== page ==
Well, I look at ParEcon as a movement in line with our great social justice movements of the past. And I say this because of the vision it offers us.
I think a lot of people forget that our past movements for justice were more than just pointing out injustice. I mean you didn’t have to tell workers that they had it hard, they already knew. You didn’t have to tell women that they weren’t getting a fair shake, they already knew. You didn’t have to tell African Americans that they were oppressed, they already knew it. What made these struggles into movements was vision. It was about what they wanted.
The word movement itself implies moving to a better place. It implies moving beyond a system of oppression.
Now, today, so many of those railing against the ills of capitalism are too often convinced that the only choice they have is to try and reform capitalism, to nurture a gentler, more cuddly and adorable capitalism. But ask yourself: Did the civil rights movement merely want to reform the structure of white supremacy? Did the women’s rights movement merely want to reform the structure of patriarchy? No. They wanted to move beyond it. And that’s why I see ParEcon as a real movement. It’s about moving beyond capitalism. It’s about giving people a vision of a better world.
There are billions of people struggling everyday to resist economic oppression, most of them struggling just to stay afloat. You don’t have to tell folks how tough they have it, they already know. What they need is to know that there’s something else out there. A better world. And by giving people a concrete vision of that better world, ParEcon has the potential to attract enough people to become a real movement.
I want to be part of that movement. I want to look back on this project and know I made a contribution toward that better world.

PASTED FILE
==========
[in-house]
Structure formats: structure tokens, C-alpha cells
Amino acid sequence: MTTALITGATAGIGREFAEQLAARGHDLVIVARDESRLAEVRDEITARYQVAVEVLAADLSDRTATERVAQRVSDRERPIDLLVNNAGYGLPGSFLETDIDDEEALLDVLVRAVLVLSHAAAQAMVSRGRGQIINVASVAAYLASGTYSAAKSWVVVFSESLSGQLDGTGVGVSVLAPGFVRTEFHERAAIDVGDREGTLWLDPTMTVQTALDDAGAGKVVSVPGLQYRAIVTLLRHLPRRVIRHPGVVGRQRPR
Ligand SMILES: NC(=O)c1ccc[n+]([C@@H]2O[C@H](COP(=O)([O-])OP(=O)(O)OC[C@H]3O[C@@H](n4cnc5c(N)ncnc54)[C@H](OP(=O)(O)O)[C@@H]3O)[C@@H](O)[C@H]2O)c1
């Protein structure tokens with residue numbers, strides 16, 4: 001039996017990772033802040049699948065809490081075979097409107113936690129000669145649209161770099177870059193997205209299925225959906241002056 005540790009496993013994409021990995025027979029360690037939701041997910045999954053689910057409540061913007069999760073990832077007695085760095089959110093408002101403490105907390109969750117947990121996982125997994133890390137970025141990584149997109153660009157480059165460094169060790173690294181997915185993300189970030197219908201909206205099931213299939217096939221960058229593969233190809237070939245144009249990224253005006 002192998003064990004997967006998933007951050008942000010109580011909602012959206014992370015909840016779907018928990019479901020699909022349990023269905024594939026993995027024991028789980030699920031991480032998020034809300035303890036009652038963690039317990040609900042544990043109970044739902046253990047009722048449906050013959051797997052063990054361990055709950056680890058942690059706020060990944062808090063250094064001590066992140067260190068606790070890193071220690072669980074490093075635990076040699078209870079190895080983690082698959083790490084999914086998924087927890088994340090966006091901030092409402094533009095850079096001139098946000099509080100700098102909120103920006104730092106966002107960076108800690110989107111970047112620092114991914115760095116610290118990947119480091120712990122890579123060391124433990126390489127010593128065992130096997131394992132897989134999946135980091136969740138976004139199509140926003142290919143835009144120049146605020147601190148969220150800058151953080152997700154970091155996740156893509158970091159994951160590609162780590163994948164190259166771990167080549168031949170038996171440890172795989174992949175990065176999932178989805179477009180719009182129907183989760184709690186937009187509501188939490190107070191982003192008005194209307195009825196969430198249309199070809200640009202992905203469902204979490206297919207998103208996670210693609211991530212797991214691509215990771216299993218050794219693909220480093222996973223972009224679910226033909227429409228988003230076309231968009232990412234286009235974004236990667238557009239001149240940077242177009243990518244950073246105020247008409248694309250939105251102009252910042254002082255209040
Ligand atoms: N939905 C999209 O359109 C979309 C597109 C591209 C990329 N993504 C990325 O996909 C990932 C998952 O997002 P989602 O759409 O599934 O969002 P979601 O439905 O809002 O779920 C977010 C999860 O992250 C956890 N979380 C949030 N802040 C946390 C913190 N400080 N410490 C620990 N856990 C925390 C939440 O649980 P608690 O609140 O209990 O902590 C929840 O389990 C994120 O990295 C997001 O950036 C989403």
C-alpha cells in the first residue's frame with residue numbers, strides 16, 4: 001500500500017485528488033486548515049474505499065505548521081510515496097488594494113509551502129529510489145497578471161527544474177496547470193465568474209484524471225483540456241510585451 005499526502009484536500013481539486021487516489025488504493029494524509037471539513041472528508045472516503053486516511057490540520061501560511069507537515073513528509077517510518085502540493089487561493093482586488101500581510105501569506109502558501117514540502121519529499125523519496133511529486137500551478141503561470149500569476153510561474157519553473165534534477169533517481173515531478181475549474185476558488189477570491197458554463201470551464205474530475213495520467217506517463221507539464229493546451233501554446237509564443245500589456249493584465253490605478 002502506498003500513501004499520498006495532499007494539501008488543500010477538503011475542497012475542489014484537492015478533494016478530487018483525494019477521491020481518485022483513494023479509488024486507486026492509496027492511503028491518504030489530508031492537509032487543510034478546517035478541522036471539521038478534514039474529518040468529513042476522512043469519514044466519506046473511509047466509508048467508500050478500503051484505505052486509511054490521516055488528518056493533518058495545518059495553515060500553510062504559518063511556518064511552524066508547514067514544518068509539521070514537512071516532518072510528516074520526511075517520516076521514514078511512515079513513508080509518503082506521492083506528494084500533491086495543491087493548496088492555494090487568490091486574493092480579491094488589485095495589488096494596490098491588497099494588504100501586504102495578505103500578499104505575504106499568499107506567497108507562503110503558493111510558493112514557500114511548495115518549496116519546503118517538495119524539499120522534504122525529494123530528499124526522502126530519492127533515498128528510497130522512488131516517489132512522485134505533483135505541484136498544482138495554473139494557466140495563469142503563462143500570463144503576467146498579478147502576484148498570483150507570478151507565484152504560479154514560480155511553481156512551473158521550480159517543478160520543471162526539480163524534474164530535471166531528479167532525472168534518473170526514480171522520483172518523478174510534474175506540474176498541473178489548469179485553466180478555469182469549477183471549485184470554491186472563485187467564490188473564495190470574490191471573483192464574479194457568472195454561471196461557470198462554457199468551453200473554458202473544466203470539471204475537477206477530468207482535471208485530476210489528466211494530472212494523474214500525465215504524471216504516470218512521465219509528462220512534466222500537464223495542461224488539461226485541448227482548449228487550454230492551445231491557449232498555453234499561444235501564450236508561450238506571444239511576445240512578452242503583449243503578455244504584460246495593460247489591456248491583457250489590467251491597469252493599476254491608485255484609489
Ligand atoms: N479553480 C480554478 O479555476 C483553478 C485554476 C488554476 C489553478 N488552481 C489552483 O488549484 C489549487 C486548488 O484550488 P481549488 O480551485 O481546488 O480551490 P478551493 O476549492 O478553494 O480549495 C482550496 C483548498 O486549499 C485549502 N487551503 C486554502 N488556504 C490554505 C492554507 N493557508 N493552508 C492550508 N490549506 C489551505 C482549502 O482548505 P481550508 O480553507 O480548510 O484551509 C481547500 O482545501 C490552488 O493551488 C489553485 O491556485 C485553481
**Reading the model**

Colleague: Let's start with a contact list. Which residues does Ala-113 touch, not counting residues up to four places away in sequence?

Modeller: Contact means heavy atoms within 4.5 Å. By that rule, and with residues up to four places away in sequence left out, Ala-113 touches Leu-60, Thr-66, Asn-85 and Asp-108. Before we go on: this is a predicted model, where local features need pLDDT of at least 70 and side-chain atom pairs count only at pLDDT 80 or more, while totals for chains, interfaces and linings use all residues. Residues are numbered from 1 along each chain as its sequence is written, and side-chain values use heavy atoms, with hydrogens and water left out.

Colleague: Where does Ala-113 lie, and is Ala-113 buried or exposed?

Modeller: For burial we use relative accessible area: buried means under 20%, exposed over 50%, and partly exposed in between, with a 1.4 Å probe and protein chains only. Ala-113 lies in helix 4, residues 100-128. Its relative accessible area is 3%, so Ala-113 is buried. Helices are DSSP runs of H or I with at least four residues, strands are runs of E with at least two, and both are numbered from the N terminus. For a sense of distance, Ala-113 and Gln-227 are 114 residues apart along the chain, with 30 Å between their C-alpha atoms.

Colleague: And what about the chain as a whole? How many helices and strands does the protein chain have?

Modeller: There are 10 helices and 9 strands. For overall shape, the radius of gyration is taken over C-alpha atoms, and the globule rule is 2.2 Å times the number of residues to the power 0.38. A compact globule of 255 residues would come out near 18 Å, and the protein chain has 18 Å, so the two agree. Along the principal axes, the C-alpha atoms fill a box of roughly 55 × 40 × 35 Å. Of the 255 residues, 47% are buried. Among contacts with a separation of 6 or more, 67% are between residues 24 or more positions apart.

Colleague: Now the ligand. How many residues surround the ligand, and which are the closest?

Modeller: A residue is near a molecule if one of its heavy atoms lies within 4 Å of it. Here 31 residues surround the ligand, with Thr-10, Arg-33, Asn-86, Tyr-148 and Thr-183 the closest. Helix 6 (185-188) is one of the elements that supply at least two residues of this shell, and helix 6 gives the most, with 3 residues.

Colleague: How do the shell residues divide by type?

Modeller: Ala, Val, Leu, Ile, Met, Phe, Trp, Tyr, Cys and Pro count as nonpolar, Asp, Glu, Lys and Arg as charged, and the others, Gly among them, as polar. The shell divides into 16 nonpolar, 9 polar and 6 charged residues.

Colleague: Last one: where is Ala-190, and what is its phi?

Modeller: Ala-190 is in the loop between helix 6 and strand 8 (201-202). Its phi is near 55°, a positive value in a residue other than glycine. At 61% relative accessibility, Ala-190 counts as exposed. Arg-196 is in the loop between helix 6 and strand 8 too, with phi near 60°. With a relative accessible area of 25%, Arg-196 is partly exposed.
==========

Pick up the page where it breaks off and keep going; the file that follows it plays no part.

I think a lot about how I could have been anyone. I could have been born during the abolition movement or the early labor rights movement. I often wonder if I would have had the courage to be part of those movements. I like to believe I would, but I don’t know that. All I know is that I’m here right now, and I’ve got an opportunity to be part of this movement. Not just for myself, but for those I could have been born as. Not just for those now, but those in the future. And not just for those in the future, but those in the past.
Because, like I said, I don’t know if I would have had the courage of our past heroes. But I can work now to be part of a movement that makes sure their vision is not abandoned, that we haven’t given up.
Parecon is not just a movement that offers an alternative model for the economy. It’s a step toward breaking down all social hierarchies and realizing that vision of a better world.
We have a chance to be part of that. I’m asking you to be part of that.
Participatory Economics, or ParEcon for short, is an economic model developed by Michael Albert and Robin Hahnel as an alternative to capitalism. As I did not come up with this economic model, much was certainly borrowed from Albert and Hahnel for this project (some points and examples come directly from Michael Albert). If you want to find out more about ParEcon before listening to the songs, you can click on the introduction below or you can visit the Z PARECON Page, a resource loaded with just about everything you could possibly want to know about Participatory Economics.
It must be noted that the lyrics in these songs are merely my own understanding of Participatory Economics and are meant to serve as a very general introduction. As not all advocates of ParEcon will see everything the same way (nor should they), there may be differences and disagreements with parts of my presentation and/or version of things. For this reason, I would encourage you to dig deeper. Visit the Z PARECON Page below and check out all the books, articles, and presentations concerning Participatory Economics, especially those from Albert and Hahnel. The point of this project is not to be the last word on ParEcon, but a good starting point.
Note: Just letting you know – some of the songs featured on this project contain a few mild cuss words.